Wade Madsen's Local Legacy

The Seattle choreographer brings a rich dance history to the local Men in Dance Festival.

All the city’s a stage for local choreographer Wade Madsen, who sees dance in commonplace movement everywhere—from the near collision of pedestrians in a crosswalk to the careful waltz of coffee-bearing baristas. His conversational style evokes choreography, too, as his hands swoop, glide and occasionally smack into objects in their quest to express. Such ordinary body language is crucial to Madsen’s work, in which he emphasizes the “finesse of simple gestures.”

An Albuquerque native, Madsen has been a fixture in Seattle’s modern and contemporary dance scene since 1977, performing, choreographing and teaching at Cornish College of the Arts. The 57-year-old Capitol Hill resident has created more than 170 works of choreography and done everything from silly (playing a dancing fisherman in an Ivar’s commercial) to cerebral (“Don’s Party,” his piece linking Don Quixote to 9/11). Madsen has danced with local stars, including Bill Evans, Dayna Hanson, Amii LeGendre and Amy O’Neal, and this month, he directs five male dancers in a new piece exploring gender and sexuality at the Men in Dance Festival.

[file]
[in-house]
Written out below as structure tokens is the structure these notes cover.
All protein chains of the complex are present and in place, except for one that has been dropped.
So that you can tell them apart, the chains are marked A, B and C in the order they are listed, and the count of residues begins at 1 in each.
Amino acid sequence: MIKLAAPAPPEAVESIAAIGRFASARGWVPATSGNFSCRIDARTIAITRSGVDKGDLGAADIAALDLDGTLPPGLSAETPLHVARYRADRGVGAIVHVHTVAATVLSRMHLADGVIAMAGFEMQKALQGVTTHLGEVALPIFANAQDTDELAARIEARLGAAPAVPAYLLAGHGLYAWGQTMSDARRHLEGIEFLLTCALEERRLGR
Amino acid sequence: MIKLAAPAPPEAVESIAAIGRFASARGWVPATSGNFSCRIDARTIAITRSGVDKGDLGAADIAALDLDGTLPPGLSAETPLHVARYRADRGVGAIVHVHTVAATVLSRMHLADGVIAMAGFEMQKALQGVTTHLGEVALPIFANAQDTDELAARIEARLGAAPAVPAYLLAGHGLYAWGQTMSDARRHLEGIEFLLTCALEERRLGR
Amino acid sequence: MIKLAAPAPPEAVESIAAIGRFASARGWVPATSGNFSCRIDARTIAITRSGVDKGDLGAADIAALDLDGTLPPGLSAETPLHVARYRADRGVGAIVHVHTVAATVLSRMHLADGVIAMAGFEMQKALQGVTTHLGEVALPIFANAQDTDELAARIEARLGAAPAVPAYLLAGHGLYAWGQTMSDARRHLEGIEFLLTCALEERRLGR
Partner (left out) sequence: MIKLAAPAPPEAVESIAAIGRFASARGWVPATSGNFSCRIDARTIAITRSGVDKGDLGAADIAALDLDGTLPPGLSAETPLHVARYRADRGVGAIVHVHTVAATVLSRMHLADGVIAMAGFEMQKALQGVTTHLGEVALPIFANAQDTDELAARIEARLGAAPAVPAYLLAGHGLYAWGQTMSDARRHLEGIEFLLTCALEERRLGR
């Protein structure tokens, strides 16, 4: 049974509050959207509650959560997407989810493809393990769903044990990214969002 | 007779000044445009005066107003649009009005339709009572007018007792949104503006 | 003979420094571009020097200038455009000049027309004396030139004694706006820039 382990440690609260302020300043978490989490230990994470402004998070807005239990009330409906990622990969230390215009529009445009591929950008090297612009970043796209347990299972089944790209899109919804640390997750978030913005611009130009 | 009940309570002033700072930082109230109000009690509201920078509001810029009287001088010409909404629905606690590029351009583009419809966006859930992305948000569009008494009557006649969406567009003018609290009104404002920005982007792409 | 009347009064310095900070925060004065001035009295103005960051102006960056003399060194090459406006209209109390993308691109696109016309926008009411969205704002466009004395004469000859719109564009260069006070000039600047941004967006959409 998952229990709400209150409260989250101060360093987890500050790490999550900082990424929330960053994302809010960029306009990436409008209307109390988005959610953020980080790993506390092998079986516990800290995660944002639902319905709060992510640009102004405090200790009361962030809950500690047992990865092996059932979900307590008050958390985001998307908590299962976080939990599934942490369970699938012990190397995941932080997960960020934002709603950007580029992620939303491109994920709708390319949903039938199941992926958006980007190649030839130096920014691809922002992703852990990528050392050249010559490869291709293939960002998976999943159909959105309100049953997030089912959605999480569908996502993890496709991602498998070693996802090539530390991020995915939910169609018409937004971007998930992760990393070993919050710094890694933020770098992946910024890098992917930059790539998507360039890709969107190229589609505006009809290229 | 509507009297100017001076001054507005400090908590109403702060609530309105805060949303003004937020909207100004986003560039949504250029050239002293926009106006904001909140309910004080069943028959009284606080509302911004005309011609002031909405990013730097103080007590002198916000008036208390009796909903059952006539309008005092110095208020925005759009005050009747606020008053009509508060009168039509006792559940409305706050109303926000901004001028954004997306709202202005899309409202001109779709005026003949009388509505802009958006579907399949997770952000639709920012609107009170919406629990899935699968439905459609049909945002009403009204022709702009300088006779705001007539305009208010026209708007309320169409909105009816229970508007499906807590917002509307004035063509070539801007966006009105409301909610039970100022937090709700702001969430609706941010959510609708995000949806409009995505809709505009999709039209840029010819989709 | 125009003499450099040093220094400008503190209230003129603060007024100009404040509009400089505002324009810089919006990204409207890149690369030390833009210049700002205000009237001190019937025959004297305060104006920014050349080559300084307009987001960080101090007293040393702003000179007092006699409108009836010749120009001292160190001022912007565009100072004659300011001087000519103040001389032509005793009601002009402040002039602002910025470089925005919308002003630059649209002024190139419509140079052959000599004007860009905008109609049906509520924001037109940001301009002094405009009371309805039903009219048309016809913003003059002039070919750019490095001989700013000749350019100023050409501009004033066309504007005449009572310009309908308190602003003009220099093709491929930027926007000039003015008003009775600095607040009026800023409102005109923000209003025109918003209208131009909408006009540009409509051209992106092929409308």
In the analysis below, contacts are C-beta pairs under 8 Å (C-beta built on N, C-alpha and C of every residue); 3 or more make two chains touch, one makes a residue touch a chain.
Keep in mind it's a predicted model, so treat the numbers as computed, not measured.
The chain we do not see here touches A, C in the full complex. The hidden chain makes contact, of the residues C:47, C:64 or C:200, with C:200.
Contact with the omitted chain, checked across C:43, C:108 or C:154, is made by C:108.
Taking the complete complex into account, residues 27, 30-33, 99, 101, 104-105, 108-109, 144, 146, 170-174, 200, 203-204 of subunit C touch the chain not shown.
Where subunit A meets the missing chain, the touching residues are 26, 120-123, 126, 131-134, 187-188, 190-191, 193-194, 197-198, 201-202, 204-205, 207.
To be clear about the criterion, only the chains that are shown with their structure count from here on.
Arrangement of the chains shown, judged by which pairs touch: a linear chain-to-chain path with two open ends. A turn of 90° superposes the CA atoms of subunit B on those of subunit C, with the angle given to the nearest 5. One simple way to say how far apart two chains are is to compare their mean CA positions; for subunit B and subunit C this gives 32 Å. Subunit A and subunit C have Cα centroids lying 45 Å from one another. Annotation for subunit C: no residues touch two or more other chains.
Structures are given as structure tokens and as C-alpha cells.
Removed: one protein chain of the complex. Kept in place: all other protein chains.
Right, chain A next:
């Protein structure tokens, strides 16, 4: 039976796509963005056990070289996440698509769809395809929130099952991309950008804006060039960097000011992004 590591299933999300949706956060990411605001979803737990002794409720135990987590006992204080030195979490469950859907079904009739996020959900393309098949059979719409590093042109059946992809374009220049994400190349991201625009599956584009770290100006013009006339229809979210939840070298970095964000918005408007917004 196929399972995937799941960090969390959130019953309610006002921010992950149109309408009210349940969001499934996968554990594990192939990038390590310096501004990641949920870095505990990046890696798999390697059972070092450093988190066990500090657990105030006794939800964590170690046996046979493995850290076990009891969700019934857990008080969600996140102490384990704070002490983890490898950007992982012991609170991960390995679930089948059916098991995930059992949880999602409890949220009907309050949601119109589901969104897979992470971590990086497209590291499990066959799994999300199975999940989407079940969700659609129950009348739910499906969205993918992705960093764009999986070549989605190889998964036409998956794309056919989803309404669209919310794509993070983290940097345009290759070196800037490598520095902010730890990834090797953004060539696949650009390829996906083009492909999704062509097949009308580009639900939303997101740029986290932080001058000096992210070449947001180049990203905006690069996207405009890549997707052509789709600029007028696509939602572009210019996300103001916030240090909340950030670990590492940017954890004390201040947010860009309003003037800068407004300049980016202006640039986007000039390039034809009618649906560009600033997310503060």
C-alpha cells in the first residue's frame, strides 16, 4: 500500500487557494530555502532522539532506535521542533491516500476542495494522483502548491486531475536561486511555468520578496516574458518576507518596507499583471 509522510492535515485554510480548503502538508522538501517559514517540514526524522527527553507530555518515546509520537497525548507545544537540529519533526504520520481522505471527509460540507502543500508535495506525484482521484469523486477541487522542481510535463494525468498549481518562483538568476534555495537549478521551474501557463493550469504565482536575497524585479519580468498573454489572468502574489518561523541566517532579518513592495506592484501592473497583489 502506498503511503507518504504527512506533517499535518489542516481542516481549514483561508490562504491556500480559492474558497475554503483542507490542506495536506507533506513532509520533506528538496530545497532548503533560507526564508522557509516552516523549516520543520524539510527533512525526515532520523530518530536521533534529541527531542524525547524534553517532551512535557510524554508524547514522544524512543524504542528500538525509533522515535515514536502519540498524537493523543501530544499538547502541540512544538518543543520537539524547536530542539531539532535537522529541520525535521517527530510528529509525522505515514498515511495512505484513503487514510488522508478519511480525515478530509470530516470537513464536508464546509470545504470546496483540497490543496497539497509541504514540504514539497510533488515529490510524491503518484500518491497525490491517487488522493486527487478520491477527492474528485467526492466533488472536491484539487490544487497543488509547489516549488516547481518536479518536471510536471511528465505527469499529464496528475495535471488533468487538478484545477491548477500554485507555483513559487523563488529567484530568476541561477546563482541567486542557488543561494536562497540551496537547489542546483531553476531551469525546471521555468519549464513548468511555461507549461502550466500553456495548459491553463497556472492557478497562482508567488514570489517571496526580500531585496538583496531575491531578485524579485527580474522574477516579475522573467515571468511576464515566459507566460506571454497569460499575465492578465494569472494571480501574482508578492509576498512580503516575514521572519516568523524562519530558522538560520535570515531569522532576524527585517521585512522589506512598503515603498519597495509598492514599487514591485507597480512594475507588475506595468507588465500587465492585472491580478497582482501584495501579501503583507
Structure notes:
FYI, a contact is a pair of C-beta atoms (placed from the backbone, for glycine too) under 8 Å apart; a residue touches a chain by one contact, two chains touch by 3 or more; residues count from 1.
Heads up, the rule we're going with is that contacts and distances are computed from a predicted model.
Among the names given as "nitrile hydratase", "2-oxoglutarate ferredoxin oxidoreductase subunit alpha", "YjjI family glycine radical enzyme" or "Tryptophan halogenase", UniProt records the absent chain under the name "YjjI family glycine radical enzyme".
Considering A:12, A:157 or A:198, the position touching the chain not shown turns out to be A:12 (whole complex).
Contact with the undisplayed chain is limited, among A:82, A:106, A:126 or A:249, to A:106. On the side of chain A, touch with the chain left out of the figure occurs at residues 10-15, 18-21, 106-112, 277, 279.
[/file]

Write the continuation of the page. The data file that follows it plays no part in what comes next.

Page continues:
Regarding his own dance journey, Madsen says age brings an intimate connection with oneself that’s reflected on stage: “There’s just something deeper, heartfelt, elegant and exquisite that can happen with a more mature dancer.”

Need to know:
1/ Madsen has been a professor at Cornish for 27 years and was recently honored by Seattle’s Velocity Dance Center for his lifelong commitment to dance.

2/ In 1993, along with two Cornish students and a colleague, Madsen competed on Star Search. He maintains a good sense of humor about the fact that the performance received two and a half stars out of five.

3/ Madsen appears in local performer Dayna Hanson’s new film, Improvement Club, a rock/dance musical about the Revolutionary War, currently on the film festival circuit.

4/ The Men in Dance Festival runs October 12–14 and October 19–21 (Broadway Performance Hall, 1625 Broadway Ave.; menindance.org).